Promoting Classical Music in China
ANDREW Webb-Mitchell, 43, an English musician, composer and music educator, has just started an ambitious new project, establishing his first choral centre in Zhuhai. Working in collaboration with the Women and Children’s Activity Centre in New Xiangzhou, the Zhuhai centre will be followed by further centres in Zhongshan, Guangzhou, Shenzhen, Macao and Hong Kong, he said.
“The Pearl River Delta is our initial target area, and hopefully we’ll establish further choirs in other parts of China in due course,” he said.
Andrew heads the British Schools Foundation (BSF) Choral Programme, which will set up choral centres in major cities in China and bring outstanding young conductors from the UK. Using a systematic approach to choral training, each of the new choral centres will train young Chinese choristers to the highest professional standards.
“In the future, we will organise wonderful festivals drawing children from all over China, bringing them together into a huge, super choir,” he said. He dreams of getting a thousand children to sing together in one of the great opera houses in China one day.
He was born in Bishop’s Stortford, Hertfordshire. In college, Andrew majored in composing at what is now Anglia Ruskin University in Cambridge. Upon graduation, he embarked on an international career in music education, holding positions in Kuwait and Taiwan before leading music departments in several schools in the UK and China. He learned to speak Mandarin fluently during his four years in Taiwan.
In 2008, he was appointed Director of Music and Performing Arts at the British School of Beijing, and in 2010 became founding Headmaster of King’s College Beijing.
A well-trained musician who particularly enjoys training young musicians, Andrew felt that his previous role as headmaster inevitably focussed a little too heavily on administrative tasks and the thousands of details that enable large organisations to function. In consequence, he was extremely exited to embrace this new project, returning to his musical roots. He also serves as Composer-In-Residence for The British Schools Foundation.
Two years ago, Andrew was appointed Director of Education at the Tianjin Grand Theatre and was invited to develop the Mulan Children’s Choir. His first time teaching Chinese mainland children, he didn’t know whether he would be able to do it well. However, he was delighted to see the children, most of whom were being forced to learn various musical instruments by their parents, willingly come to his choir. Some of them actually started to enjoy their piano lessons and other musical activities. “It is a great thing,” he exclaimed.
Andrew chose Zhuhai to establish his first choral centre because of his wife, a Chinese national who says Zhuhai is her favourite city in China. Besides, in Andrew’s opinion, Zhuhai is the perfect location to start this huge project. Firstly, the city yearns for such activities since it lacks a well-defined cultural identity. Moreover, people cherish the rare opportunity to learn classical music with a western musician. Last but not least, the city has a deep-rooted tradition of choral contests. Aiming to reach the highest standards and become one of the best choral programmes in the world, which takes years to accomplish, Andrew has decided to settle in Zhuhai for at least five years.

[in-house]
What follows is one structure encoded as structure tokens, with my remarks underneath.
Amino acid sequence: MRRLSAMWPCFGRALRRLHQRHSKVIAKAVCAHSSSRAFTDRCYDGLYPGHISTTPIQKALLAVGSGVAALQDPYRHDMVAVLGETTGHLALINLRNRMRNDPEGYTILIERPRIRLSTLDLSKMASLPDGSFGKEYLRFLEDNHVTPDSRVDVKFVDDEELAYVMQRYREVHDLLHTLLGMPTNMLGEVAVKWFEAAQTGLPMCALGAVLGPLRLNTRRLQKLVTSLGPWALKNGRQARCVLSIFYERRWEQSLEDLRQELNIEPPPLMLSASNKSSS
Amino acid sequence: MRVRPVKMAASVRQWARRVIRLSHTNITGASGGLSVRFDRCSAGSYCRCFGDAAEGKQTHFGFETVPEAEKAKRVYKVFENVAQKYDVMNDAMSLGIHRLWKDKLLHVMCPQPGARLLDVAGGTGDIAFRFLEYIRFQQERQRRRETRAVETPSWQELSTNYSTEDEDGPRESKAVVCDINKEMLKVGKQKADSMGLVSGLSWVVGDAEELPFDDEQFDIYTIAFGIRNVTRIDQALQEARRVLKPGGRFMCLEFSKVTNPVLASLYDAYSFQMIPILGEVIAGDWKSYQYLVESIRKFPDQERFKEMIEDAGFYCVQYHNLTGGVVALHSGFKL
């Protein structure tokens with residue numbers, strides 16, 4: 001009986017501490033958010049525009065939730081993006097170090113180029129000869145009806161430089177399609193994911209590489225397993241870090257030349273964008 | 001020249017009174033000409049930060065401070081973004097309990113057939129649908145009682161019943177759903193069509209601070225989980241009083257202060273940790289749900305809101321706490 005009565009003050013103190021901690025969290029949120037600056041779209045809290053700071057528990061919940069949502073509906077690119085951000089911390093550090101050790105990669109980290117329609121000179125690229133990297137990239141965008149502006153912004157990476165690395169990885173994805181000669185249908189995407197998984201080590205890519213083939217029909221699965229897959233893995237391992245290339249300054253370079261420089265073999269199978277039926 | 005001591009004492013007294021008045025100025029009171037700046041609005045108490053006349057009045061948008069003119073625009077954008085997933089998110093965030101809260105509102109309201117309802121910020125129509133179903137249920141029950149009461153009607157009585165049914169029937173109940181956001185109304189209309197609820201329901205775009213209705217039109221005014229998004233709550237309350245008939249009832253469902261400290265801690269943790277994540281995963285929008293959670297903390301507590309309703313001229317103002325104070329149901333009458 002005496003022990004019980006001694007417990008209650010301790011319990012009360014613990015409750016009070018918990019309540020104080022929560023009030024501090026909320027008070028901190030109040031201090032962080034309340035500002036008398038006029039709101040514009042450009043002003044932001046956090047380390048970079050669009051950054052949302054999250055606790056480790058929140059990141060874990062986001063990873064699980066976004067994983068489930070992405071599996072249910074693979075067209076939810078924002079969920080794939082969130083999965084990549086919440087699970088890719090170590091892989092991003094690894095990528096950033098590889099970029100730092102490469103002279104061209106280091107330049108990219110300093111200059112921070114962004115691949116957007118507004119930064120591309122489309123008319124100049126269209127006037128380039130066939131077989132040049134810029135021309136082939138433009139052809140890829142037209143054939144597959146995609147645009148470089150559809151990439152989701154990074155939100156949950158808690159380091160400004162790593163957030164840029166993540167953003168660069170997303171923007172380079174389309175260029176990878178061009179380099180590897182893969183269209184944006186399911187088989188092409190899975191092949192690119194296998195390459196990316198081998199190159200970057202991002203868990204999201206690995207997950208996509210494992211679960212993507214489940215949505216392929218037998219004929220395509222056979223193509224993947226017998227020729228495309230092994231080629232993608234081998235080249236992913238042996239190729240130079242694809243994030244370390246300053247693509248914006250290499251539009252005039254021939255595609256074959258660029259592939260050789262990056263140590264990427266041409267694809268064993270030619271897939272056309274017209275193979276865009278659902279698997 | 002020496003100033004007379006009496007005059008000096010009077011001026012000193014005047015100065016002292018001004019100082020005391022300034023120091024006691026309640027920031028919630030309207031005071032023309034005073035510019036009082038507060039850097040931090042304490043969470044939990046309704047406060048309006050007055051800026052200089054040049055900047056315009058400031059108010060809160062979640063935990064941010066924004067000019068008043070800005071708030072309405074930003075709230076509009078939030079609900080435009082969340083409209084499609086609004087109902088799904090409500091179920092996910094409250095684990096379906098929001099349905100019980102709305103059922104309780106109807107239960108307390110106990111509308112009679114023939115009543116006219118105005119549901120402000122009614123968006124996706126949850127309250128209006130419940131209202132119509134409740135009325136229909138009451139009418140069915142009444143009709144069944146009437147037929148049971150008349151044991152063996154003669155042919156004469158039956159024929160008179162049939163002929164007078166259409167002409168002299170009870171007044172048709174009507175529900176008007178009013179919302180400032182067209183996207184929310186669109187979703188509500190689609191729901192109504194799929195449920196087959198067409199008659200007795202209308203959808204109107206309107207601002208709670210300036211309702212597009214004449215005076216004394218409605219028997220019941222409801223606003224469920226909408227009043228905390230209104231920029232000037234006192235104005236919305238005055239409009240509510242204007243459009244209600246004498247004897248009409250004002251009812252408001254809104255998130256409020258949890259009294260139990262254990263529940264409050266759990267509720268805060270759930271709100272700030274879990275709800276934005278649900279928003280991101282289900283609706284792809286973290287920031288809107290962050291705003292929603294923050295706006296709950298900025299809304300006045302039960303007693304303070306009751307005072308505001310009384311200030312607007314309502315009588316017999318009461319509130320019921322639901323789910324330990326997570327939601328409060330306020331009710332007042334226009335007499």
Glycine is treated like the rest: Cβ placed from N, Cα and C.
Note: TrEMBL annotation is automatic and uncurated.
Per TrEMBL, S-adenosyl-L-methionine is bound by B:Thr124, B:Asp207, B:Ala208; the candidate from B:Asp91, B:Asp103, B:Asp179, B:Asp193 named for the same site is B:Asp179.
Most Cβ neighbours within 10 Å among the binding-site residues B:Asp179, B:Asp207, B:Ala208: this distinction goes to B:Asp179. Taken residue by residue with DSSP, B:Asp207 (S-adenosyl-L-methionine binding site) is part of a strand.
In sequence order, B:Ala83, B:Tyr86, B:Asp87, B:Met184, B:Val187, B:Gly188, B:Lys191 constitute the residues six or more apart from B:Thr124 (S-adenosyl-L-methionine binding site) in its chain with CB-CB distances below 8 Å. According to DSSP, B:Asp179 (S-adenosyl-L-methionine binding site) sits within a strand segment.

Aside from the children’s choir, which started a month ago, Andrew also works as a volunteer conductor of a government official women’s choir. “That’s my fun,” he proclaimed. “Let’s make Zhuhai a really famous place for culture and art. That’ll be a great thing, and it will happen, I’m sure.”
When it comes to the cultivation of the children’s choir, Andrew has a clear plan in mind. In the first two months, choristers learn to focus through close eye-contact with the conductor. They are expected to learn basic singing skills and make a beautiful sound singing together. After about six months, Andrew expects the children to sing with excellent intonation and diction and will have a few songs in their repertoire. Within a year, the children will have learned an extensive repertoire in several vocal parts with good sound and discipline and will be permitted to attend informal public performances, for example, performing one or two songs at shopping malls or accepting invitations to perform at special events.
“When they reach the second year, I hope they can start being involved in international music festivals, and of course Chinese parents welcome that because they want their children to meet people from different countries,” he said.
“When we reach our third year, that will be my great test, because I want to reach the highest professional standards.” He gave, for example, the Vienna Boys’ Choir and the Westminster Choir in London. “That’s what we aim to do,” he declared.
“I hope one day we will have the pleasure of collaborating with the Guangzhou Symphony Orchestra, the Macao Orchestra, Hong Kong Philharmonic Orchestra and other leading arts organisations. I think that will take about three years,” he exuded confidence.
– By Betty Lin, Zhuhai Daily